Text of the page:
Bangalore / Namma Bengaluru has many famous landmarks. KR Market, also known as City Market, is one of them. Did you know KR Market is one of Asia’s largest flower markets? It is also one of the largest in Bangalore that has sale of fresh produce.
The flip side to this is that tonnes of waste is generated every day. Unfortunately, there is no proper system for disposal of waste. Fruit and vegetable vendors throw rotten or reject produce onto the street or on top of existing heaps of garbage around their stalls.
Every new mayor makes an effort to clean-up KR Market — G Padmavathi, the incumbent, too has indicated an interest; yet there is no change.
KR Market has a huge complex which sells flowers and vegetables in the lower ground floor, dry goods on the upper ground floor and tools and machine-tools accessories on the first floor.
The Market complex also has an underground basement parking lot which is in dire need of maintenance. It is dimly lit and has an ubiquitous unpleasant smell that fills the air. It sports a huge collection of abandoned vehicles, carts, garbage trucks and rickshaws. Amongst all this too one can find heaps of rotting garbage, and hungry cattle.
To tackle the ubiquitous problem of garbage disposal there are few teams of people who continually sweep up and try to remove heaps of garbage from KR Market, but their job is never done.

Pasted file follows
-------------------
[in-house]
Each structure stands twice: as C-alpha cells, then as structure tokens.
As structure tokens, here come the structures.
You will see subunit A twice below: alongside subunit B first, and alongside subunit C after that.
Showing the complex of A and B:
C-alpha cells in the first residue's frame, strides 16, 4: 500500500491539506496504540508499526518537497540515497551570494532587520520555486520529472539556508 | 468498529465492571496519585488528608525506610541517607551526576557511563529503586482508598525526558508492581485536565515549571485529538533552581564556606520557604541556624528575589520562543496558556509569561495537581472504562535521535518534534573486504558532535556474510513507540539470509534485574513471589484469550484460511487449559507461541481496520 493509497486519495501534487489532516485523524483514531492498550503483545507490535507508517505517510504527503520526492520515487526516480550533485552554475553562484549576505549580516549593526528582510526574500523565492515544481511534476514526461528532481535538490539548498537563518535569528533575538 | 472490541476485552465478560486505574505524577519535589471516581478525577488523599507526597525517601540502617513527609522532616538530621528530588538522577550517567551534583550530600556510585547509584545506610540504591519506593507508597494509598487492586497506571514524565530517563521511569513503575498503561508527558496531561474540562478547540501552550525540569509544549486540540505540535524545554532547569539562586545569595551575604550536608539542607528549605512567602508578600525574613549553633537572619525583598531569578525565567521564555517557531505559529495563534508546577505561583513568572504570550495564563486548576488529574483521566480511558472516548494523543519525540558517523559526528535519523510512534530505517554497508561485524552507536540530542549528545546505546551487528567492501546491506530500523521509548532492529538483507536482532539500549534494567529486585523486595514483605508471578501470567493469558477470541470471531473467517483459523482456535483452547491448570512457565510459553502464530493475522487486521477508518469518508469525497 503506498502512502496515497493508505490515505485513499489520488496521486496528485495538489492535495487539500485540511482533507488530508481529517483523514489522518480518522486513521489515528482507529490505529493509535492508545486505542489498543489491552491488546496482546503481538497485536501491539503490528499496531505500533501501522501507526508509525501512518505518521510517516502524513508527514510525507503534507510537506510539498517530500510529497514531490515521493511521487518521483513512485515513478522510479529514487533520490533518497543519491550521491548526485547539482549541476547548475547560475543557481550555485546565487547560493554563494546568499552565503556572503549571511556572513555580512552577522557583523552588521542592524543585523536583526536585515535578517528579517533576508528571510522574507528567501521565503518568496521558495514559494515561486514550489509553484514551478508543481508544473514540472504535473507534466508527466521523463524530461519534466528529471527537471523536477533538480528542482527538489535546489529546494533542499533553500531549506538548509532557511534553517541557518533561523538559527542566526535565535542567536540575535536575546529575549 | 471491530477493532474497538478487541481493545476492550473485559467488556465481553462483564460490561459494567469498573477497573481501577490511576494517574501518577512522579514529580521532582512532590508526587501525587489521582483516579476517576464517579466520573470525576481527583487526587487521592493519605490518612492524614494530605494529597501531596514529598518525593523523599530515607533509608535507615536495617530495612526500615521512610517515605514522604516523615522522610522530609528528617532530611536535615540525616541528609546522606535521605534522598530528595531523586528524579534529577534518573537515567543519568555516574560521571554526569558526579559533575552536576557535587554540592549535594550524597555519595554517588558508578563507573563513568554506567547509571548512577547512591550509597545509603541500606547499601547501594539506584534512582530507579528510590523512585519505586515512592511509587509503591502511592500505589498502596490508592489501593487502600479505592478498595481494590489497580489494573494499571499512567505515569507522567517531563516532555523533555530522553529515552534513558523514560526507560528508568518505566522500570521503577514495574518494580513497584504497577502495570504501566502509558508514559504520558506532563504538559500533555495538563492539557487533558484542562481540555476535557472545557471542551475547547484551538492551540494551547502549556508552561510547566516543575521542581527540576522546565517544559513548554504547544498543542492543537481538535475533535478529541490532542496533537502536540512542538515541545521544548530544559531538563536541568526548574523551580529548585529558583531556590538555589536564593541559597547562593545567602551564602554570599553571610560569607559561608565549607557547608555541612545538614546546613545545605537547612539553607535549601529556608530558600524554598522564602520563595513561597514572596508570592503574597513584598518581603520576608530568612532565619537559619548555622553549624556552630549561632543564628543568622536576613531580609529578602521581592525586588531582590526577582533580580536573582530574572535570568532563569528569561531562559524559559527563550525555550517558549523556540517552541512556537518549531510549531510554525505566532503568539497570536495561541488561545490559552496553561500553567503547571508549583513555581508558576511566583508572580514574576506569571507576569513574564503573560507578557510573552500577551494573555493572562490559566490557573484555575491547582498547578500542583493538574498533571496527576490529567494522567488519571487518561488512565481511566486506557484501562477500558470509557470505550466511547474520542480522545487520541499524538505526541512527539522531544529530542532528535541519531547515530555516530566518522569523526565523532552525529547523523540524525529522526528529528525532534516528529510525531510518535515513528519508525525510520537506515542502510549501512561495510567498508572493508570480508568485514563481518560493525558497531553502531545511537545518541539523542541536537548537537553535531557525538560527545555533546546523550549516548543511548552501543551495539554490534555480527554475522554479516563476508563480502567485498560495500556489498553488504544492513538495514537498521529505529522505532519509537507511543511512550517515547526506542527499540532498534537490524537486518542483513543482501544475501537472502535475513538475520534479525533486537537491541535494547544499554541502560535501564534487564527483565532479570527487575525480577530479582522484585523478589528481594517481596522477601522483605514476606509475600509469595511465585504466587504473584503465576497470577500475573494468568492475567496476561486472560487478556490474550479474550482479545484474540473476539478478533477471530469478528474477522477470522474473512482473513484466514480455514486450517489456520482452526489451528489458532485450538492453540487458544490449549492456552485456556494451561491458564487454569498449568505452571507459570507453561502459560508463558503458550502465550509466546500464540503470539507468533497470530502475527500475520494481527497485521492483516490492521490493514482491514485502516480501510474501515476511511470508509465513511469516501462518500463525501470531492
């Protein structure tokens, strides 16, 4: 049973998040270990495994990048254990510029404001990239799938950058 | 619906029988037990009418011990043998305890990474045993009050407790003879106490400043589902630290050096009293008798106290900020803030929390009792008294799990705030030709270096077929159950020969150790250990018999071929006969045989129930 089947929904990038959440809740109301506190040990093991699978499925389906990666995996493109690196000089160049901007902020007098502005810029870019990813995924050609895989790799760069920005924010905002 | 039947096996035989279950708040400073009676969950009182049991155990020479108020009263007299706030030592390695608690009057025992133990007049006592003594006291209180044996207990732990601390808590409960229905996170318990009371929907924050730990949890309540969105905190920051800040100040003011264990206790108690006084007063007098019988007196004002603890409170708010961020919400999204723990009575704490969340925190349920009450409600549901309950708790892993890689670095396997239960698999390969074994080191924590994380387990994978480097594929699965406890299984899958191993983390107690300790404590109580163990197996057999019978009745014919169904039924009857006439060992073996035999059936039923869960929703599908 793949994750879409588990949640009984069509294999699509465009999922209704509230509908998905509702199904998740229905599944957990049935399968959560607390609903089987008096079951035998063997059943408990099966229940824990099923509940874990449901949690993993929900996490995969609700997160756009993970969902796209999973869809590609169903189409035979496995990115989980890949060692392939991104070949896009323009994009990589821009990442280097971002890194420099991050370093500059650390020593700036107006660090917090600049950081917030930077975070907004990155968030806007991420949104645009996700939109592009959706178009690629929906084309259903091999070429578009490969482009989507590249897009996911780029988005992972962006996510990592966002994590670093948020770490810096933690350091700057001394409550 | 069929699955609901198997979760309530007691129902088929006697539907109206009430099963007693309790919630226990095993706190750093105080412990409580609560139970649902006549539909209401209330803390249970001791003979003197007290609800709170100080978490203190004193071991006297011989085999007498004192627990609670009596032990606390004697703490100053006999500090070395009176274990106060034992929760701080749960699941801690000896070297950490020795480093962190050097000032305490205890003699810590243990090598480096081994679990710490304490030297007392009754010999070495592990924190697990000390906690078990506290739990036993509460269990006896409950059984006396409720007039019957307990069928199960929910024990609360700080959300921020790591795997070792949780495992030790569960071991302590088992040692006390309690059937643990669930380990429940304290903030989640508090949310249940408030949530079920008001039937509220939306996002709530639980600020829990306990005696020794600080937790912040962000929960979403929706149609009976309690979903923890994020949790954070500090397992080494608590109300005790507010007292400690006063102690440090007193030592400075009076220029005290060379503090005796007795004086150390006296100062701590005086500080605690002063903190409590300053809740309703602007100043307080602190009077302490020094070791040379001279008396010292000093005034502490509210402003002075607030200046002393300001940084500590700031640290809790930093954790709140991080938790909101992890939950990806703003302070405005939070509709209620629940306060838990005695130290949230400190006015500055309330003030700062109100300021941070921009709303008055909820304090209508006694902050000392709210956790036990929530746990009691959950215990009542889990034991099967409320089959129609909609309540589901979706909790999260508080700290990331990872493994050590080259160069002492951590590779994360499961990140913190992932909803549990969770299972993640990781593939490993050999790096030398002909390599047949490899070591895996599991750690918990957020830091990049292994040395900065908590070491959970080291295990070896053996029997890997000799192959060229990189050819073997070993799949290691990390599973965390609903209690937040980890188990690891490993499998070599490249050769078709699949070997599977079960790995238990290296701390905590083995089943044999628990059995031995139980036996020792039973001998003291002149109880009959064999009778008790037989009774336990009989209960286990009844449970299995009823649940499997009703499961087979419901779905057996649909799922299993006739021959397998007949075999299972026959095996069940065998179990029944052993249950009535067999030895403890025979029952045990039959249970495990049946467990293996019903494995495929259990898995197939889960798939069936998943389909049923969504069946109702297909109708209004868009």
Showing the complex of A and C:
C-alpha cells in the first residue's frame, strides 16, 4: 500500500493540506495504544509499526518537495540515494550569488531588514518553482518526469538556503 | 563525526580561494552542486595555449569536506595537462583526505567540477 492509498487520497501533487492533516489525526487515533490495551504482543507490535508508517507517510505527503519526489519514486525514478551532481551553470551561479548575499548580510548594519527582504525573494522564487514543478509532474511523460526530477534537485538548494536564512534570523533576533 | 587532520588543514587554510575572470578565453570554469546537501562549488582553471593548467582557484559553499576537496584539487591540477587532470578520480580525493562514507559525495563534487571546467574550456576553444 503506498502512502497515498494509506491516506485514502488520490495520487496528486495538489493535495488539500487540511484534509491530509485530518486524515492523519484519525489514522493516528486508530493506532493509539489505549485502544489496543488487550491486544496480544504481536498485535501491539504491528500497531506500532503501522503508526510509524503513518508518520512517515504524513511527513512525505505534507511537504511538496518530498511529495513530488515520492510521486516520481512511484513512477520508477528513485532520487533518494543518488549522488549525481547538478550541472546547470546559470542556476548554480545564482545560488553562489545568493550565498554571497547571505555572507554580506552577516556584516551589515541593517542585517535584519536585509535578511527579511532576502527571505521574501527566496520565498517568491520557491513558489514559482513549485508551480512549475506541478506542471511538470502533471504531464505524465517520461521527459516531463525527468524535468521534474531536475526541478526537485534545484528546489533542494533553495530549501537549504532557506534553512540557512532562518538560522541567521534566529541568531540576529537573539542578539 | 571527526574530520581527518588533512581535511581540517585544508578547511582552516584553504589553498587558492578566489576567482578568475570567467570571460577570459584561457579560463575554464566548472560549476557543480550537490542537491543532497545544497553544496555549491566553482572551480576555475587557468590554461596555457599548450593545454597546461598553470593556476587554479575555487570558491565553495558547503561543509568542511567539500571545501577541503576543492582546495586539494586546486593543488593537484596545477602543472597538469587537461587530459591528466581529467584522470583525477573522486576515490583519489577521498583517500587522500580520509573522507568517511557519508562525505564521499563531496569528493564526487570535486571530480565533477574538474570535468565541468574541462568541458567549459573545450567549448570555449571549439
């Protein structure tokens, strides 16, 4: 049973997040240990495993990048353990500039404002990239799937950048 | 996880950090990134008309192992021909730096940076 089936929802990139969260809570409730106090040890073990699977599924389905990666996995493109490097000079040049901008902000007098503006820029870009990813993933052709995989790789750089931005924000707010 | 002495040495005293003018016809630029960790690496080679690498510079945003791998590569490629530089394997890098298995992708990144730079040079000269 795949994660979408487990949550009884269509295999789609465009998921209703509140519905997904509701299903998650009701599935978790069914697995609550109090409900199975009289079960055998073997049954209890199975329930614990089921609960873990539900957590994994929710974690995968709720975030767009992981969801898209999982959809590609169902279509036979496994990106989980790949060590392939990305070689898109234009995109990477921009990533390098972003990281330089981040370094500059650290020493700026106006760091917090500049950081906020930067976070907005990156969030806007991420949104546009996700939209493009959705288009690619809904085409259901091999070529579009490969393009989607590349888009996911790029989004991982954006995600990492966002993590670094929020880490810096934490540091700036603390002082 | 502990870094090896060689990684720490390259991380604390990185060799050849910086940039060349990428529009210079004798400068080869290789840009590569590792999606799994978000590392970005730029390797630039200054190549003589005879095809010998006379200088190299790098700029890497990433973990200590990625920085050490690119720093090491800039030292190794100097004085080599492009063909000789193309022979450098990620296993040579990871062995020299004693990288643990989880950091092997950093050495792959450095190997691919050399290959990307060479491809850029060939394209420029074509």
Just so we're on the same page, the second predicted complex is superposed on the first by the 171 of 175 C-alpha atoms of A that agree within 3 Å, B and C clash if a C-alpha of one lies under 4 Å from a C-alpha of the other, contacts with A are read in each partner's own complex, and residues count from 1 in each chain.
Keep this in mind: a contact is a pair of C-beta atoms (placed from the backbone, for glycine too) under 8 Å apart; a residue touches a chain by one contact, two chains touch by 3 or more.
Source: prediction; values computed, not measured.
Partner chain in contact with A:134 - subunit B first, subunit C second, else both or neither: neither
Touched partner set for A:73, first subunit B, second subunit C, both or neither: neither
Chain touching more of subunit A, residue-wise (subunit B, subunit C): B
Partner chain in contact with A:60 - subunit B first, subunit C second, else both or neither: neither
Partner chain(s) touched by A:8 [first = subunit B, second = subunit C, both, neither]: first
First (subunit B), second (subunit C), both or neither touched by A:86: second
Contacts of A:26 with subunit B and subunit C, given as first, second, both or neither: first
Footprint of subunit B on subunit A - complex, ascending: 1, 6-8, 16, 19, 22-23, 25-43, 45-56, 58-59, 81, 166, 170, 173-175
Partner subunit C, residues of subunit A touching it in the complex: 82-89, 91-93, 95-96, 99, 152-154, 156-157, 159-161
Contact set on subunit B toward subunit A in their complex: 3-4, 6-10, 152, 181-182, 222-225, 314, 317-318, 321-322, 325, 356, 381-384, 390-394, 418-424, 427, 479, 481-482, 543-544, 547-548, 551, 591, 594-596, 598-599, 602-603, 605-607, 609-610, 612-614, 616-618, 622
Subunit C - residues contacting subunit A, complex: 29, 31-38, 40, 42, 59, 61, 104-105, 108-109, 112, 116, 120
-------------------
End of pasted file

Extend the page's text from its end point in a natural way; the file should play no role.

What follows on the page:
The KR Market bus stand is an important connectivity hub where buses from all parts of the state including the rural parts of Bangalore. This too is filled with garbage and refuse.
Contracted garbage collectors and pourakarmikas have ignored and physically trying jobs. The wages of their labour do not do justice to the work that they do. While I am walking down Church Street at 11:45am,
A peculiar, half-built structure that stands inside the boundary of Ulsoor Lake, right opposite the Marriage Registrar’s office of Bruhat Bengaluru Mahanagara Palike has been ignored by residents and passers-by. It has been visible in the area for over six months now.
Around nine months ago, the Mahaganapati temple located at HRBR Layout, Banaswadi decided to do sustainable waste management. The temple authority’s endeavour to make the temple a zero-waste, plastic free zone has been quite successful.